Conduction along a myelinated axon is also called saltatory conduction

6

Synapses

1. Nerve impulse reaches axon terminal which activates voltage-gated ion channels in presynaptic membrane

2. Calcium ions flow into the presynaptic axon terminal

3. This stimulates the release of chemicals called neurotransmitters from vesicles by exocytosis at the presynaptic membrane

4. The neurotransmitters diffuse across the synaptic cleft and attach to receptors on the postsynaptic membrane

5. This stimulates ligand-gated protein channels to open, which allows an influx of sodium ions into the dendrite, initiating a nerve impulse in the next neuron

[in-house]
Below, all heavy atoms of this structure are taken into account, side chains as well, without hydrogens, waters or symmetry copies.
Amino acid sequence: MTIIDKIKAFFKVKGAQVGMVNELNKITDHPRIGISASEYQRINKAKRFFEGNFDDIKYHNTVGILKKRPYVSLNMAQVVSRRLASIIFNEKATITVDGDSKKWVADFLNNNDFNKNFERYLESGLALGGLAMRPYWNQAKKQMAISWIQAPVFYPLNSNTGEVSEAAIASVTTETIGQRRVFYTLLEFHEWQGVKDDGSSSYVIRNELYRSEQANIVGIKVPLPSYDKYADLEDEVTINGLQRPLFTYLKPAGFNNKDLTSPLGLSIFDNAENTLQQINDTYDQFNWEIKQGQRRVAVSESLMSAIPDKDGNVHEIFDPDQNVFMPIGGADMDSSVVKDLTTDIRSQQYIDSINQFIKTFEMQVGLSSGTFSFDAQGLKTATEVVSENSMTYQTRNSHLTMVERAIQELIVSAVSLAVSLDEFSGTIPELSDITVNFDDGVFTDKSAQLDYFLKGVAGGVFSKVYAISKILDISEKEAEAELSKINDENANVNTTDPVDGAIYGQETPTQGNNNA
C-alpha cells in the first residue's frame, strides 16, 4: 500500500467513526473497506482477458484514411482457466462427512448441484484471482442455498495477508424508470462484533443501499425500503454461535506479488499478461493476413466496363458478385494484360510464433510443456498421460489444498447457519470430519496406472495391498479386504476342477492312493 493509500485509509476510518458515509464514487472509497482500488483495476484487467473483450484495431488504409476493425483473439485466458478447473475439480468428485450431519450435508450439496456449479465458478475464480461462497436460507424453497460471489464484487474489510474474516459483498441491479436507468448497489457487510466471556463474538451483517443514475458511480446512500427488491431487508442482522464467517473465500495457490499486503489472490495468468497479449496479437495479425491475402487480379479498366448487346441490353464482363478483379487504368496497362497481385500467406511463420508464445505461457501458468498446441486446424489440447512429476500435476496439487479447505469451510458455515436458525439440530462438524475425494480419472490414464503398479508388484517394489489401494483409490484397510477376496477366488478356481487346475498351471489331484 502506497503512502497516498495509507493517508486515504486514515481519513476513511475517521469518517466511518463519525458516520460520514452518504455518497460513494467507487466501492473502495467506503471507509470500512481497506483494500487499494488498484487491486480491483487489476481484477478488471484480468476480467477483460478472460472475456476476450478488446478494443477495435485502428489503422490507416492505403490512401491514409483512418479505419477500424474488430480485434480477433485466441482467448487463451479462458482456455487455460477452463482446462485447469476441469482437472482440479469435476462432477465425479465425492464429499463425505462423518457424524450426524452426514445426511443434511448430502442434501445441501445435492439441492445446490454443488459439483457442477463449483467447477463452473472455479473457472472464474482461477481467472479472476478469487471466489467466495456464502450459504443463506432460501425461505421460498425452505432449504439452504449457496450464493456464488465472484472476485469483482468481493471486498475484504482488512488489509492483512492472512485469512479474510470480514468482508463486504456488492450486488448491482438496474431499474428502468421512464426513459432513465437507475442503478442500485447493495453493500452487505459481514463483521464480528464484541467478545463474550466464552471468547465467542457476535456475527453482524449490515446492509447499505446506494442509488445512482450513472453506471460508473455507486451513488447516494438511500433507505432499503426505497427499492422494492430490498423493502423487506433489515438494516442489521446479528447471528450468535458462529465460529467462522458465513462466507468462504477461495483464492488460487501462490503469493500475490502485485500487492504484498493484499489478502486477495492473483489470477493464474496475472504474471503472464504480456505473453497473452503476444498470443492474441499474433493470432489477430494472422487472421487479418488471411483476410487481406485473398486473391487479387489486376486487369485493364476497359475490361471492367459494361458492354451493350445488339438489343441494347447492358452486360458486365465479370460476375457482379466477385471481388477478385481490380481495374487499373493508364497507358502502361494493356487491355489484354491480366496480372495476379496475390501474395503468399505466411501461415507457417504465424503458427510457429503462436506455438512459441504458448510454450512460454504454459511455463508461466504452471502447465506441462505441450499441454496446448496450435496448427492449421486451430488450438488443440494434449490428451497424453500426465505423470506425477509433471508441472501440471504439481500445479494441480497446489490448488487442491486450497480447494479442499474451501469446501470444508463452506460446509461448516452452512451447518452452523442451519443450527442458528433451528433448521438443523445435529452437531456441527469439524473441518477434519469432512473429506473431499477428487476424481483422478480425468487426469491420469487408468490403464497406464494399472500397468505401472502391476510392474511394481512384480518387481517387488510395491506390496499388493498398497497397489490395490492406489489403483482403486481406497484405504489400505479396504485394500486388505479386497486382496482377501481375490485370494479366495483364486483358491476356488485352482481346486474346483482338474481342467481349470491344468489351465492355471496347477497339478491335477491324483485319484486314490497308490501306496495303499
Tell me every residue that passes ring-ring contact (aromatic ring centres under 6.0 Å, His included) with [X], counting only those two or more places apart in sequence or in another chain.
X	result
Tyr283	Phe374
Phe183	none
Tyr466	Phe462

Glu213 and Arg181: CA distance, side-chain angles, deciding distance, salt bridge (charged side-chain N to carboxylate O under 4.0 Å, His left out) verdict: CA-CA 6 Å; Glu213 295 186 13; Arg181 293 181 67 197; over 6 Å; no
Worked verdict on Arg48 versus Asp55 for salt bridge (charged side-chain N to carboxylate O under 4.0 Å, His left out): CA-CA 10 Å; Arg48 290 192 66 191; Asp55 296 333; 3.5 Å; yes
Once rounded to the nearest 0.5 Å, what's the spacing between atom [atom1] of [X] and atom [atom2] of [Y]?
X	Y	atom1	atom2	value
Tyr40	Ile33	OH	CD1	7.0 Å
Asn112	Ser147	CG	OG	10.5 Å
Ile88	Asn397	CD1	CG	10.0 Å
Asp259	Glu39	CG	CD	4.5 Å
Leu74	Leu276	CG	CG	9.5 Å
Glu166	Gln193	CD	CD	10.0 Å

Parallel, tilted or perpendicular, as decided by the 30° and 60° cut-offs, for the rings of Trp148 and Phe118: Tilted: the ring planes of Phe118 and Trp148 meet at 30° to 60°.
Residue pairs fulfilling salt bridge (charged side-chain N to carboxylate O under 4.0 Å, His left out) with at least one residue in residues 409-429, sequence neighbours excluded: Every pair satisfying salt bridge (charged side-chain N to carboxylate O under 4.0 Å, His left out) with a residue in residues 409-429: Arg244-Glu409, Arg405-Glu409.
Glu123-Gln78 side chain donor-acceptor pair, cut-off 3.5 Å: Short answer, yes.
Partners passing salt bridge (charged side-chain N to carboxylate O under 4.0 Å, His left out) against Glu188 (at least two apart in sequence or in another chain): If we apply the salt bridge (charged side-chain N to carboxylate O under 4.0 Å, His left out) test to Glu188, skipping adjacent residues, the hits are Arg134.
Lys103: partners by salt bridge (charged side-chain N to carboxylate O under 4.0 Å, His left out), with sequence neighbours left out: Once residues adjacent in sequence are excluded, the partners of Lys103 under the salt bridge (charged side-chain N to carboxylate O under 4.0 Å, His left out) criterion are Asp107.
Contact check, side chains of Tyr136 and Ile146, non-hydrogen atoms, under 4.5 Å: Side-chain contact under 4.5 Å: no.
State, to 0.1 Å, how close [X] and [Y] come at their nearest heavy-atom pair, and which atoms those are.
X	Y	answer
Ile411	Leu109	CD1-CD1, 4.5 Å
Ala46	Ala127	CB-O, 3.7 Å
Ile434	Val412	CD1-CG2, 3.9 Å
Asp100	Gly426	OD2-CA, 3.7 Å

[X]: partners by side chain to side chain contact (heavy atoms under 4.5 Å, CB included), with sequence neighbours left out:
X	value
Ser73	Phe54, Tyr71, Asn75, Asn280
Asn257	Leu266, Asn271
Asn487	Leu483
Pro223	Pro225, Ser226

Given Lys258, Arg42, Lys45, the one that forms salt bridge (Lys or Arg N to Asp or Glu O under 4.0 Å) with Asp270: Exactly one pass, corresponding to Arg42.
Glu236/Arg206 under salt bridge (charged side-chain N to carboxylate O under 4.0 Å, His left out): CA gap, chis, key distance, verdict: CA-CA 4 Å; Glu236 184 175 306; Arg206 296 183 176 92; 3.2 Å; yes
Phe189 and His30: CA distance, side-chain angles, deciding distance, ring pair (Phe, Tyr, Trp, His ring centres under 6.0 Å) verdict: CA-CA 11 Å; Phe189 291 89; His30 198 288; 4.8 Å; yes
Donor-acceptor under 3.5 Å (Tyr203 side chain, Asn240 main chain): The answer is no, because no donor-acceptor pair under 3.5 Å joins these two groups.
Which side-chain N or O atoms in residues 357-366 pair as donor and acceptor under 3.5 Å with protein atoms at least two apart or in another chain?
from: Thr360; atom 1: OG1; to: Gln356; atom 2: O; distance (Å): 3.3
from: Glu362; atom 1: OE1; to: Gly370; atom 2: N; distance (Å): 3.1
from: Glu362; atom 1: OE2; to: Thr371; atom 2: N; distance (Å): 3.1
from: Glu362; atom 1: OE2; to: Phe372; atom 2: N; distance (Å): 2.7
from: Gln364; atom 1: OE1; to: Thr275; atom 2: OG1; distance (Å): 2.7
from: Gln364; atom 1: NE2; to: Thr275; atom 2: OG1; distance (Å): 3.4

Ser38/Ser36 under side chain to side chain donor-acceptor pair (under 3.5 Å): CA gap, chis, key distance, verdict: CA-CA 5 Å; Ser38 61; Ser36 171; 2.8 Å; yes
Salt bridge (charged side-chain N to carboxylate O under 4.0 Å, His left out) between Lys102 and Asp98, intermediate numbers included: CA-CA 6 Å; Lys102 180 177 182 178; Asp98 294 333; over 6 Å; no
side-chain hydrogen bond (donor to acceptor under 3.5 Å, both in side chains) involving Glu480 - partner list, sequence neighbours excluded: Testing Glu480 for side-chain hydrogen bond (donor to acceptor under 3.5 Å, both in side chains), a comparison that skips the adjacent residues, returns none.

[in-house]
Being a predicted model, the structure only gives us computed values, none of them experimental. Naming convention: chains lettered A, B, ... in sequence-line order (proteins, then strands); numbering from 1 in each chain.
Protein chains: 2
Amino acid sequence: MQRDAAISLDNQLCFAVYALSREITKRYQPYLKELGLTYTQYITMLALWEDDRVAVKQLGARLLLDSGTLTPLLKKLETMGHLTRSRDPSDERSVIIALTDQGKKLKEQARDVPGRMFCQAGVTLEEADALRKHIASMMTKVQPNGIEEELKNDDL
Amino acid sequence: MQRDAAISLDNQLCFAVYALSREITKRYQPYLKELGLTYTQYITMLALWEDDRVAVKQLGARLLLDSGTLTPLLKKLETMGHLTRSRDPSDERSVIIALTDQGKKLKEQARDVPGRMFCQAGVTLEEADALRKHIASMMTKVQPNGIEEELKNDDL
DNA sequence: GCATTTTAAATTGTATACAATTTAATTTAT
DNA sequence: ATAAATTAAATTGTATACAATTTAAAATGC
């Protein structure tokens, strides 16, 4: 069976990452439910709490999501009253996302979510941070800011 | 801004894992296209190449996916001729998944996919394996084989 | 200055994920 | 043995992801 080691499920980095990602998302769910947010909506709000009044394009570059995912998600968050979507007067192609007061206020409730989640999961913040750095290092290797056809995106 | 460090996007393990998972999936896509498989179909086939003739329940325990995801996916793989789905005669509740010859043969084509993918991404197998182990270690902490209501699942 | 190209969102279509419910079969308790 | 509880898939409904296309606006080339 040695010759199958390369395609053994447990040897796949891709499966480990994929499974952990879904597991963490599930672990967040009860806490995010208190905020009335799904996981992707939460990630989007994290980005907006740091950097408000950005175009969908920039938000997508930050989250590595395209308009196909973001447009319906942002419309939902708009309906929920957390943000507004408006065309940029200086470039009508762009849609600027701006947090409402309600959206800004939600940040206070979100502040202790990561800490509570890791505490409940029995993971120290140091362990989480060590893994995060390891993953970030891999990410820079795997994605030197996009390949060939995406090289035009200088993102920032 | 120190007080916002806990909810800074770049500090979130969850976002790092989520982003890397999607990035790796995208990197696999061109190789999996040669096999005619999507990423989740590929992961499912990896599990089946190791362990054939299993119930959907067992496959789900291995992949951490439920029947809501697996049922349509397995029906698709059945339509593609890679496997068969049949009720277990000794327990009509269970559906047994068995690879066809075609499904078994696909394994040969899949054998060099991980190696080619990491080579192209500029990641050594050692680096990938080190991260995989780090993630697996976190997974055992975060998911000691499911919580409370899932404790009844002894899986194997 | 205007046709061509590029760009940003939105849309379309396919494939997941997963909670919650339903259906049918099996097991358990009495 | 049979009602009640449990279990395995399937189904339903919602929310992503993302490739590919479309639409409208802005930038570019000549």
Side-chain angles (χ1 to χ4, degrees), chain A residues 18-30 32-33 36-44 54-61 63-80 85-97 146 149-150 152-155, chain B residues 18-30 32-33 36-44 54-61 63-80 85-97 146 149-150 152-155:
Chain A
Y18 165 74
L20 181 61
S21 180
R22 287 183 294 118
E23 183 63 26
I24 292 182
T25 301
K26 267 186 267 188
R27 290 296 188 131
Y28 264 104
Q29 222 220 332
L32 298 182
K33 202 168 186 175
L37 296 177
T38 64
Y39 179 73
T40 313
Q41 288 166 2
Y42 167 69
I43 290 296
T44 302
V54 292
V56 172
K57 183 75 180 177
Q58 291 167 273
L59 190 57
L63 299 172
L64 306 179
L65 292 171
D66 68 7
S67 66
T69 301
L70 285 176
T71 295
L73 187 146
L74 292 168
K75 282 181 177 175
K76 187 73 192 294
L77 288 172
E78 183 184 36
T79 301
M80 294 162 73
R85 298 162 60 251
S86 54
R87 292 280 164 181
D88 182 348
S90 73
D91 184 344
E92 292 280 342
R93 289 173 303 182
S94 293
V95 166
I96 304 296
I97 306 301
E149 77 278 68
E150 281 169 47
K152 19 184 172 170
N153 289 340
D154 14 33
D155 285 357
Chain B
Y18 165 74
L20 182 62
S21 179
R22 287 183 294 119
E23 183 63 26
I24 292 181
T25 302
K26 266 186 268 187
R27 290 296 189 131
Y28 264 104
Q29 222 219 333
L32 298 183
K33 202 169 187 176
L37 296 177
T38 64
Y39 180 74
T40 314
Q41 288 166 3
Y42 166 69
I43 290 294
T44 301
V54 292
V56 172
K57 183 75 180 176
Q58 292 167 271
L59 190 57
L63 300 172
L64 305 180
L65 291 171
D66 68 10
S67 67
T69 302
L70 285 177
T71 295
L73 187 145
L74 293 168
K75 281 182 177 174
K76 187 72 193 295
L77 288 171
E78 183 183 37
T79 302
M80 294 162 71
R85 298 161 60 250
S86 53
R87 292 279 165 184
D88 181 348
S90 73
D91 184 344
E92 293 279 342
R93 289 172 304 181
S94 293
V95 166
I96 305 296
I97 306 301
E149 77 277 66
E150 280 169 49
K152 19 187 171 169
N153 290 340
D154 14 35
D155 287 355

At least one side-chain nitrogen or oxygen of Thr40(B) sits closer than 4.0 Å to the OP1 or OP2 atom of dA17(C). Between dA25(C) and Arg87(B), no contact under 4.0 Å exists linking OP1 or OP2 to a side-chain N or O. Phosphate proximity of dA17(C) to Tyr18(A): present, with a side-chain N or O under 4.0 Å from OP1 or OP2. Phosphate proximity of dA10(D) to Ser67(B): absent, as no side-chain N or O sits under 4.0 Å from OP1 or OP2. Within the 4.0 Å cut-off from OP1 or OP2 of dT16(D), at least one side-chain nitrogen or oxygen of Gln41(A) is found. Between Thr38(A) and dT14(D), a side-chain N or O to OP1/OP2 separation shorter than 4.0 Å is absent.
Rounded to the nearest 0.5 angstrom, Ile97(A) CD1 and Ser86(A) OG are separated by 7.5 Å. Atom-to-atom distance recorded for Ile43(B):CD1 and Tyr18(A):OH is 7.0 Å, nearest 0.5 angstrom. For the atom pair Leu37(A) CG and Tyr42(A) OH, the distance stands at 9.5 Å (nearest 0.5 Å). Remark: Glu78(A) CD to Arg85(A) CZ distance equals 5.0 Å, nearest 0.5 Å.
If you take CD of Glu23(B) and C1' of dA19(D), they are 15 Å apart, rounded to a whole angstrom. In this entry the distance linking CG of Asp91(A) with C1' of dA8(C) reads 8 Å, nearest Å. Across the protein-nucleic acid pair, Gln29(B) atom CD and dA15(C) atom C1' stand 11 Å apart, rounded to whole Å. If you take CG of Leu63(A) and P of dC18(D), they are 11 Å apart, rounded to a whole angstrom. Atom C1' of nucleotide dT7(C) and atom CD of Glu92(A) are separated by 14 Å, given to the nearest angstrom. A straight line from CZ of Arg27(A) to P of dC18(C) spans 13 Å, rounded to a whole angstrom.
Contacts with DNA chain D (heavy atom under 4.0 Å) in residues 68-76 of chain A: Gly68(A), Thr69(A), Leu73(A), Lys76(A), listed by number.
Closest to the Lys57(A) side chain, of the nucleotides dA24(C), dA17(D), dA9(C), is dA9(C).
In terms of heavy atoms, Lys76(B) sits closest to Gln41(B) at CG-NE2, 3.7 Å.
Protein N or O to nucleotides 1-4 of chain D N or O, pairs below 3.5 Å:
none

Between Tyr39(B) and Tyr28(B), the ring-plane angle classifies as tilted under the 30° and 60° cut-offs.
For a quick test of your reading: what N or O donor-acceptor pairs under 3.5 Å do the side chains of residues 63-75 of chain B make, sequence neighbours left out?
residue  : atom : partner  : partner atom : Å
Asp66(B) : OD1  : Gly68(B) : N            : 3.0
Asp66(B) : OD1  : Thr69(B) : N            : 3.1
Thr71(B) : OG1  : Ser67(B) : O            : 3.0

7

Examples of Neurotransmitters

→ Acetylcholine → Noradrenaline → Dopamine → Histamine → Serotonin

8

Removal of Neurotransmitters

Diffusion
→ Neurotransmitters exit the synaptic cleft via diffusion as they move from a high to a lower concentration

Enzymes degradation
→ Enzymes can inactivate the neurotransmitter, these are released by the postsynaptic membrane when the neurotransmitter has been received

Active reabsorption
→ Reabsorbed back into the presynaptic axon terminal by active transport

9

In the intracellular and extracellular fluids the concentrations are:

→ Extracellular fluid has a high concentration of sodium ions and chlorine ions

→ Intracellular fluid has a high concentration of potassium ions and various negative ions and low concentrations of sodium and chlorine ions

10

The cell membrane is: